We decided to look at a roleplaying game (RPG) for our next On The Tabletop report. For this report we chose Fantasy Flight Games' (FFG) brand new sourcebook for their Genesys RPG, Shadow of the Beanstalk.
The Genesys RPG is FFG's narrative focused RPG system. The core Genesys rulebook allows you to play roleplaying games in any setting you wish, like fantasy or sci-fi, cyberpunk or horror, and the emphasis is on a narrative experience rather than a stat driven roleplaying game. Shadow of the Beanstalk is a sourcebook that focuses on a single setting under the Genesys rules, and that is the worlds of Android, most famous for the Netrunner card game.
Off The Shelf / On The Tabletop articles come in two halves. In Off The Shelf we will look at what's in the product along with covering how the game plays. This is followed by On The Tabletop where we talk about our first playthrough games and finish with feedback from the On The Tabletop team.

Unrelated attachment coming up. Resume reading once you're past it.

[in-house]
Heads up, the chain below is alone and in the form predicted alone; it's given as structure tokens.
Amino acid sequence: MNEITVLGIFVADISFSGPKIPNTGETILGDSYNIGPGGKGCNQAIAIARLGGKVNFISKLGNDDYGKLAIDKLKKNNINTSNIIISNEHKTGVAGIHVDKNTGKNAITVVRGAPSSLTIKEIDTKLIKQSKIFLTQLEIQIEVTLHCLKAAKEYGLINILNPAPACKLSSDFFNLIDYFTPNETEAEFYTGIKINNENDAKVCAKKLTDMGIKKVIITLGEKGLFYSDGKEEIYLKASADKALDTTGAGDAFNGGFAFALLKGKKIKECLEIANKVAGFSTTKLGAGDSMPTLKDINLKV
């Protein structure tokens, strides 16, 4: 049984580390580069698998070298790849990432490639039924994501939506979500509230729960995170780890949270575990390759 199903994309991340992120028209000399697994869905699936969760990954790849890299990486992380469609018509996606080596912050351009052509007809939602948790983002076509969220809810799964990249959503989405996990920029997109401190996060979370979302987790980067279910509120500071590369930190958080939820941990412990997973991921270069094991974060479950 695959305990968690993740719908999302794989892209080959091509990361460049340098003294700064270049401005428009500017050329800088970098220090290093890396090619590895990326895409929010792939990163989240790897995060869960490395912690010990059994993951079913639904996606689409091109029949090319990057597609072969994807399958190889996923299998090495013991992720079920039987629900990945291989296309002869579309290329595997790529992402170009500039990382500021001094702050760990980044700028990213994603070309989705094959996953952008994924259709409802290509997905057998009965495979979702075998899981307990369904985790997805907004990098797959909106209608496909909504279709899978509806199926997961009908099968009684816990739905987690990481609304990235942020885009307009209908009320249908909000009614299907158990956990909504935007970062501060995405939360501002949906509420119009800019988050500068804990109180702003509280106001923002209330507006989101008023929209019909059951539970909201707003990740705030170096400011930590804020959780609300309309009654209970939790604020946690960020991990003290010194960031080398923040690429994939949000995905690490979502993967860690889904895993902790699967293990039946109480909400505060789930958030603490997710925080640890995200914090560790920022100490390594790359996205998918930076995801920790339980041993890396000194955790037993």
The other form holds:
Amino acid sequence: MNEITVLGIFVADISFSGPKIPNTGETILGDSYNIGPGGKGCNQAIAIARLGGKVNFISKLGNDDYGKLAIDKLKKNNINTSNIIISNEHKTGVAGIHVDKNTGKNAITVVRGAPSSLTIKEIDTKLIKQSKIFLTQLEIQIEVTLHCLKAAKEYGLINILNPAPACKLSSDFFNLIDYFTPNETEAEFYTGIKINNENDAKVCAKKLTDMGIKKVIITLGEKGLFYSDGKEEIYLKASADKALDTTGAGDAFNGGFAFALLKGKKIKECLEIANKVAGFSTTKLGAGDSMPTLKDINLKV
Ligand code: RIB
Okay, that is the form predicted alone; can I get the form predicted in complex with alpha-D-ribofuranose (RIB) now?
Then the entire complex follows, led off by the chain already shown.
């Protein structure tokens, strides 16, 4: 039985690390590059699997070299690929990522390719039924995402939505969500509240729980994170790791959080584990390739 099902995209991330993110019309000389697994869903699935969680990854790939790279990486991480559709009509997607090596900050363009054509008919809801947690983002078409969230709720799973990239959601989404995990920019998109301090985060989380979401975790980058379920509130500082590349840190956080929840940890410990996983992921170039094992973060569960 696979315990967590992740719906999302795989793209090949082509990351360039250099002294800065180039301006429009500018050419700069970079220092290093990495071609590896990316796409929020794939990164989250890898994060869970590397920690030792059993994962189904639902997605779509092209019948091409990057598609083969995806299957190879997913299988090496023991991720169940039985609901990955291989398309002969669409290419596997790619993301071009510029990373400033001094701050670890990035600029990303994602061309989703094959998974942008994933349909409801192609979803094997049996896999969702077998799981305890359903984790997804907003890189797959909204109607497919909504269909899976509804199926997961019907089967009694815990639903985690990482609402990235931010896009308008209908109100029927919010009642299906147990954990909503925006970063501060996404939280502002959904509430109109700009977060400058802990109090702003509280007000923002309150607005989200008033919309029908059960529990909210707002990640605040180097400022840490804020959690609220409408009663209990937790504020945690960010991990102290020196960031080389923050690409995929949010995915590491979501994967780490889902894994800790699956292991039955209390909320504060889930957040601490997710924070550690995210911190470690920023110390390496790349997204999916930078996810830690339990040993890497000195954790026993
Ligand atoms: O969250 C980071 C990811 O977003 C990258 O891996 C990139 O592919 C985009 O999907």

The On The Tabletop playthrough articles catalogue our initial experiences with a game; as a result, mistakes will be made. On The Tabletop should also not be taken as a full review. These articles are simply our first impressions of a game.
Off The Shelf[gallery size="large" ids="284571,284572,284573"]
To play Shadow of the Beanstalk, the Games Master (GM) needs access to a copy of the Genesys RPG core book. This details the rules for the system. The Shadow of the Beanstalk sourcebook expands the setting and rules presented in the Genesys core book and includes details of the city of New Angeles along with creating characters and the rules for them and equipment within the setting. Players will also need access to the Genesys dice, which we'll go over in more detail later. This can be either through a physical dice pack purchase, or with the official Genesys dice app.